• For states to commit to ensuring the sustainable management of forests and the protection, restoration, conservation and sustainable use of important landscapes; to recognize the vital role Indigenous Peoples play as stewards of the forests and biodiversity; and to commit to protecting the rights of Indigenous Peoples under the UN Declaration on the Rights of Indigenous Peoples and international human rights law.
  • To include reference to Indigenous and traditional knowledge as a form of scientific knowledge.
  • To strengthen data collection and analysis, including data disaggregation by ethnicity, disability and other characteristics.

These points are also being put forward in the ongoing negotiations for the Pact for the Future, which will be formally adopted by states in the Summit for the Future on September 2024.[9]

The IPMG continues to argue that states must go beyond “pledges and/or commitments” in addressing the multiple crises the world is now facing. Concerted action to protect the people and the planet by transforming the global economic system and practising principles and values related to sustainability, social justice and equity, non-discrimination and respect for cultural diversity, cooperation and global solidarity are all needed for us to attain a development that benefits all peoples and the whole planet.



Article prepared by the Indigenous Peoples’ Major Group on the SDGs.


This article is part of the 38th edition of The Indigenous World, a yearly overview produced by IWGIA that serves to document and report on the developments Indigenous Peoples have experienced. The photo above is of an Indigenous man harvesting quinoa in Sunimarka, Peru. This photo was taken by Pablo Lasansky, and is the cover of The Indigenous World 2024 where this article is featured. Find The Indigenous World 2024 in full here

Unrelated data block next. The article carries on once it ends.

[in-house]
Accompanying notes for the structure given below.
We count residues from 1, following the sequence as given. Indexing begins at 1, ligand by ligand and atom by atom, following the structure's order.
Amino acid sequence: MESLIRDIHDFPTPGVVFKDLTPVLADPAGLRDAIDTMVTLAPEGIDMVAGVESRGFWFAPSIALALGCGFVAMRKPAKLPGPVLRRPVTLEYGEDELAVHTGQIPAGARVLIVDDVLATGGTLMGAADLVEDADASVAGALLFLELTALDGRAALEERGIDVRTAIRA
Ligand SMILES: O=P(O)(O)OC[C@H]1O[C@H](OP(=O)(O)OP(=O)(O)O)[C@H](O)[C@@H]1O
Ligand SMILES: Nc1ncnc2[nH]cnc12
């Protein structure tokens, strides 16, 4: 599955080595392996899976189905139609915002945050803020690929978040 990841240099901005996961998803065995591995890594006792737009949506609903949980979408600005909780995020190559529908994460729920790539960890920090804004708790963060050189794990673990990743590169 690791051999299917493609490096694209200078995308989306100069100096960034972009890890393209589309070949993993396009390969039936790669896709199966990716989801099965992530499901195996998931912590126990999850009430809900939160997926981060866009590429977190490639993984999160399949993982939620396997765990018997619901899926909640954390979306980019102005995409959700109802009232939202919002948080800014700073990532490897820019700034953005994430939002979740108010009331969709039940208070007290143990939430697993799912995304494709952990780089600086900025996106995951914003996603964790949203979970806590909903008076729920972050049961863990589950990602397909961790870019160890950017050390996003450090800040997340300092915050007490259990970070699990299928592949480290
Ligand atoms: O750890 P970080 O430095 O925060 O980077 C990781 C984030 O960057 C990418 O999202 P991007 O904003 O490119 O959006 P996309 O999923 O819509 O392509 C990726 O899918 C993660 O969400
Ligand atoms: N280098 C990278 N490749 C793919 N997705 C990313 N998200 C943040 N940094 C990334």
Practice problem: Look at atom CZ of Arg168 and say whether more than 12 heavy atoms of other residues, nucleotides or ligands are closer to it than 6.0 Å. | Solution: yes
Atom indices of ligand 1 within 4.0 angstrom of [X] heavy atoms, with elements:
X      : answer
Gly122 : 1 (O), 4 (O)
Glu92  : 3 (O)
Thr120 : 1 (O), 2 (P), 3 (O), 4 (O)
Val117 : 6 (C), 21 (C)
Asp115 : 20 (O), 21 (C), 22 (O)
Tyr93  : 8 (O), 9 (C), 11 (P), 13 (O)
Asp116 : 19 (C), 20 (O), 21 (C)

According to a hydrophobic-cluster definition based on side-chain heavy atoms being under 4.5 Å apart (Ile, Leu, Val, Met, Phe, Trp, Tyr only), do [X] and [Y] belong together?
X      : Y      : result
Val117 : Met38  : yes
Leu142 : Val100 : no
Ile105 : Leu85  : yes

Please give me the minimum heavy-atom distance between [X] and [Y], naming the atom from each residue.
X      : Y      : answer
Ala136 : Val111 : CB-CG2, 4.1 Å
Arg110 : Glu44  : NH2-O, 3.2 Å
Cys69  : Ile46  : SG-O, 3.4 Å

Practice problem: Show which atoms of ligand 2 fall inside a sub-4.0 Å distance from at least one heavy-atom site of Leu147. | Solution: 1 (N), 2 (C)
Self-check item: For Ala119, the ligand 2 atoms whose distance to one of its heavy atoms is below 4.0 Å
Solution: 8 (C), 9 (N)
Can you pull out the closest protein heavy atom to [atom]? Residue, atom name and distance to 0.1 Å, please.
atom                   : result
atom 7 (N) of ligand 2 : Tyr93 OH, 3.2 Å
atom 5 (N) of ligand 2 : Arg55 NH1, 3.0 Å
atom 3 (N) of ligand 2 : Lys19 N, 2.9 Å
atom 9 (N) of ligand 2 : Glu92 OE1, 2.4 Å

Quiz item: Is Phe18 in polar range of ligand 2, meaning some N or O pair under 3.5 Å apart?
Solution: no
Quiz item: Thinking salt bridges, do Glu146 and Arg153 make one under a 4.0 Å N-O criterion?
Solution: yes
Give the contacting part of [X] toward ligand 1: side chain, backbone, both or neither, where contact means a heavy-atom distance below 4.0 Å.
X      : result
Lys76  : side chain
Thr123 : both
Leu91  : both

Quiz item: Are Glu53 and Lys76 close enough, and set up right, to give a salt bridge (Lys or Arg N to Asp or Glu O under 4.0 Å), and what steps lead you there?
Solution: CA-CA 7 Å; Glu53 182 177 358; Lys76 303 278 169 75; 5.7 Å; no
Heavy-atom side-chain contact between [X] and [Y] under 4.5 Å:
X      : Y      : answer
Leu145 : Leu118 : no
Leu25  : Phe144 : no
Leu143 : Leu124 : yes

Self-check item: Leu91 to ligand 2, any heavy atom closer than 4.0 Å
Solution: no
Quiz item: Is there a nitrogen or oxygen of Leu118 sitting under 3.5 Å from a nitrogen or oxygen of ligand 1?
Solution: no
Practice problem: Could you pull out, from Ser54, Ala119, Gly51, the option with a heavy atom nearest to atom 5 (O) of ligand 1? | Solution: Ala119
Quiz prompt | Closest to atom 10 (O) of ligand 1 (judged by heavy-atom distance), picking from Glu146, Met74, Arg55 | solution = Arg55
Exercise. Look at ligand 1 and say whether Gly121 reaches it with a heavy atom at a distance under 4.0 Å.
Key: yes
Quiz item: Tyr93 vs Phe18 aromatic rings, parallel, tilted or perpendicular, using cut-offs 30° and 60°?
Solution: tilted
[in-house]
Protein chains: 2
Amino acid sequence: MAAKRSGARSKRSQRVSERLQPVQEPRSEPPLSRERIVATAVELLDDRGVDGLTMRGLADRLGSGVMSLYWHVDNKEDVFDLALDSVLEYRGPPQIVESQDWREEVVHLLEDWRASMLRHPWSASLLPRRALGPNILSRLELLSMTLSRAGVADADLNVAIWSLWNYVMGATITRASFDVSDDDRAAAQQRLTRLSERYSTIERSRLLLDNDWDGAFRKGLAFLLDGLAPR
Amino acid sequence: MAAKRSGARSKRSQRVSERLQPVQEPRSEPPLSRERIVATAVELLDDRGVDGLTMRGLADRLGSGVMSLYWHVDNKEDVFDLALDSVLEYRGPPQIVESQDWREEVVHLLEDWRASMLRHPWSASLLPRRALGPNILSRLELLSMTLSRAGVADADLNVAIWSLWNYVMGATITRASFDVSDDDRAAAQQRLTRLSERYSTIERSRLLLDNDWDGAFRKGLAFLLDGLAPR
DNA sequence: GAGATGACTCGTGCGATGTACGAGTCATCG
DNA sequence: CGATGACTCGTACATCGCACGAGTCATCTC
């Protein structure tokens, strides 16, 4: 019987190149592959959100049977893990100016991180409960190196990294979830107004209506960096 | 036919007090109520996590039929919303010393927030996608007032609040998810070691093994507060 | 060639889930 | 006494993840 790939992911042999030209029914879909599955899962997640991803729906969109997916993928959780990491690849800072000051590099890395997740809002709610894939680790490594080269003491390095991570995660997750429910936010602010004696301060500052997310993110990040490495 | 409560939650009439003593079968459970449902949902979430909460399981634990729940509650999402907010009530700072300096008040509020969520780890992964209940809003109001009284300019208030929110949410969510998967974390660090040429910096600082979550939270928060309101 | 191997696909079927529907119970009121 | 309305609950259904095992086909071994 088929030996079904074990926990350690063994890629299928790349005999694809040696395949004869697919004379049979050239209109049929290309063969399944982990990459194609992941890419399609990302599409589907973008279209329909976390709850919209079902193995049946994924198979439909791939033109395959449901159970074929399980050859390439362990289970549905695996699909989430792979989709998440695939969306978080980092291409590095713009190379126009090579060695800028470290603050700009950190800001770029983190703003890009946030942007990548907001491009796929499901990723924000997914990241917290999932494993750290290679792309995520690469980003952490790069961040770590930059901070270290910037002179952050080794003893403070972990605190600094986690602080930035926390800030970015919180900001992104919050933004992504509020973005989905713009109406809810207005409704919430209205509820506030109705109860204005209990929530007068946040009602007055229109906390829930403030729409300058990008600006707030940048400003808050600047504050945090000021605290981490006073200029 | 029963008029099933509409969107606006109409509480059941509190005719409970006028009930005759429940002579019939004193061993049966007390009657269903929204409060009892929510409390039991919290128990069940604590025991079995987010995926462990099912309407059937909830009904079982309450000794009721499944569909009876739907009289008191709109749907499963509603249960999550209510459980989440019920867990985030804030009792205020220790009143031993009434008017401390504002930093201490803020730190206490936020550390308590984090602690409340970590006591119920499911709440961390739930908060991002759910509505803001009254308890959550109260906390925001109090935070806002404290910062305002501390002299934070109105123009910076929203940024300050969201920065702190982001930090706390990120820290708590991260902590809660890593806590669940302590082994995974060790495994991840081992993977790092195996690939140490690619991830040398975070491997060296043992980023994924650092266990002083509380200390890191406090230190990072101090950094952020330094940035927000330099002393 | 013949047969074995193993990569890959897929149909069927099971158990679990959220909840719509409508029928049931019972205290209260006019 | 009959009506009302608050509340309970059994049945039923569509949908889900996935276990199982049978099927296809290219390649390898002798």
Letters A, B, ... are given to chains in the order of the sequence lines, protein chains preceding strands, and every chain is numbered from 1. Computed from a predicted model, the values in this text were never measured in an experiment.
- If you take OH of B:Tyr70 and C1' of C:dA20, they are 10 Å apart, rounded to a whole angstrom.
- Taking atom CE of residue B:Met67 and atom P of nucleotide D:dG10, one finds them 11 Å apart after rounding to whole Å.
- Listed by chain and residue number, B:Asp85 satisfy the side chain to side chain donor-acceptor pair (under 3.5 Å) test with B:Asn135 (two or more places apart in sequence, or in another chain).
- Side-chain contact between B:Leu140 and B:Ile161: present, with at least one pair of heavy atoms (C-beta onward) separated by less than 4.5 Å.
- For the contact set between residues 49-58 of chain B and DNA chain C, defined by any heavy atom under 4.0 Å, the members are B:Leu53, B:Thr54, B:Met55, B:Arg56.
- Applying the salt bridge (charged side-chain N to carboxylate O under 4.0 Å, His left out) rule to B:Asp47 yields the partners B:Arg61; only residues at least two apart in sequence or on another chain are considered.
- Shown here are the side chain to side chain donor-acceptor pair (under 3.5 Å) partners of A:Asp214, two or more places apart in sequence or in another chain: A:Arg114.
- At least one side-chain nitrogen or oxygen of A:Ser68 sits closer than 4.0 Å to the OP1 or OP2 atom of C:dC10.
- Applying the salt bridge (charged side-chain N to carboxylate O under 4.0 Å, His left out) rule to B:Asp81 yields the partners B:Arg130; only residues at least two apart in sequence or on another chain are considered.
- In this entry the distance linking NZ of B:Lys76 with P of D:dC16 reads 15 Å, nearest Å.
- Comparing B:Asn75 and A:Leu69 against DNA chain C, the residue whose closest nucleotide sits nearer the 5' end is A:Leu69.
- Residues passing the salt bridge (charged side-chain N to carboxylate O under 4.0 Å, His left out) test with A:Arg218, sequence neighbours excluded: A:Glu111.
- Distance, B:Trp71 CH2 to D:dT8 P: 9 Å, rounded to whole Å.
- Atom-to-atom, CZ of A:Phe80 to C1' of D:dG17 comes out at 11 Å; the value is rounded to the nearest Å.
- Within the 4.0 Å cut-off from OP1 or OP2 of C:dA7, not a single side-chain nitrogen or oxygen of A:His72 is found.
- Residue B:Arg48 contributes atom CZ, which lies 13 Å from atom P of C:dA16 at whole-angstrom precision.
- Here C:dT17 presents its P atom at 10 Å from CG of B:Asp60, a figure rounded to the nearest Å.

Notes and references

[1] Indigenous Peoples Major Group for Sustainable Development. “IPMG Statements and Interventions Documents.”

2 High Level Political Forum 2023. UN WEB TV. “9th Session of the HLPF.”

[3] Bahrain, Barbados, Belgium, Bosnia and Herzegovina, Brunei Darussalam, Burkina Faso, Cambodia, Canada, Central African Republic, Comoros, Chile, Croatia, Democratic Republic of the Congo, European Union, Fiji, France, Guyana, Iceland, Ireland, Kuwait, Liechtenstein, Lithuania, Maldives, Mongolia, Poland, Portugal, Romania, Rwanda, Saudi Arabia, Singapore, Slovakia, St Kitts & Nevis, Tajikistan, Timor-Leste, Turkmenistan, United Republic of Tanzania, Uzbekistan, Vietnam, and Zambia.

[4] UN Department of Economic and Social Affairs. “2023 Voluntary National Reviews Synthesis Report.” December 2023.

[5] UN Department of Economic and Social Affairs. “2023 Voluntary National Reviews Synthesis Report.” December 2023.

[6] See for example the ongoing work of UNSD. UNSD. n.d. “Collaborative on Citizen Data”

[7] UN Department of Economic and Social Affairs. “Time of Crisis, Times of Change: Science for Accelerating Transformations to Sustainable Development.” September 2023.

[8] United Nations. “Political Declaration of the High-Level Political Forum on Sustainable Development Convened under the Auspices of the General Assembly.” 2023.*1q5h2f3*_ga*Mjc5NDQ5NDA4LjE2MDMxNDUzNDU.*_ga_TK9BQL5X7Z*MTY5NjM0NTIzNi4xMjEuMS4xNjk2MzQ4MzE0LjAuMC4w

[9] United Nations, “Pact for the Future Zero Draft | United Nations,” n.d.,

Tags: Land rights, Global governance, Climate, Human rights, Biodiversity, International Processes



IWGIA - International Work Group for Indigenous Affairs - is a global human rights organisation dedicated to promoting and defending Indigenous Peoples’ rights. Read more.

For media inquiries click here

Indigenous World

IWGIA's global report, the Indigenous World, provides an update of the current situation for Indigenous Peoples worldwide. Read The Indigenous World.

Subscribe to our newsletter

Contact IWGIA

Prinsessegade 29 B, 3rd floor
DK 1422 Copenhagen
Phone: (+45) 53 73 28 30
CVR: 81294410

Report possible misconduct, fraud, or corruption

 instagram social icon facebook_social_icon.png   youtuble_logo_icon.png  linkedin_social_icon.png twitter-x-icon.png 

NOTE! This site uses cookies and similar technologies.

If you do not change browser settings, you agree to it. Learn more

I understand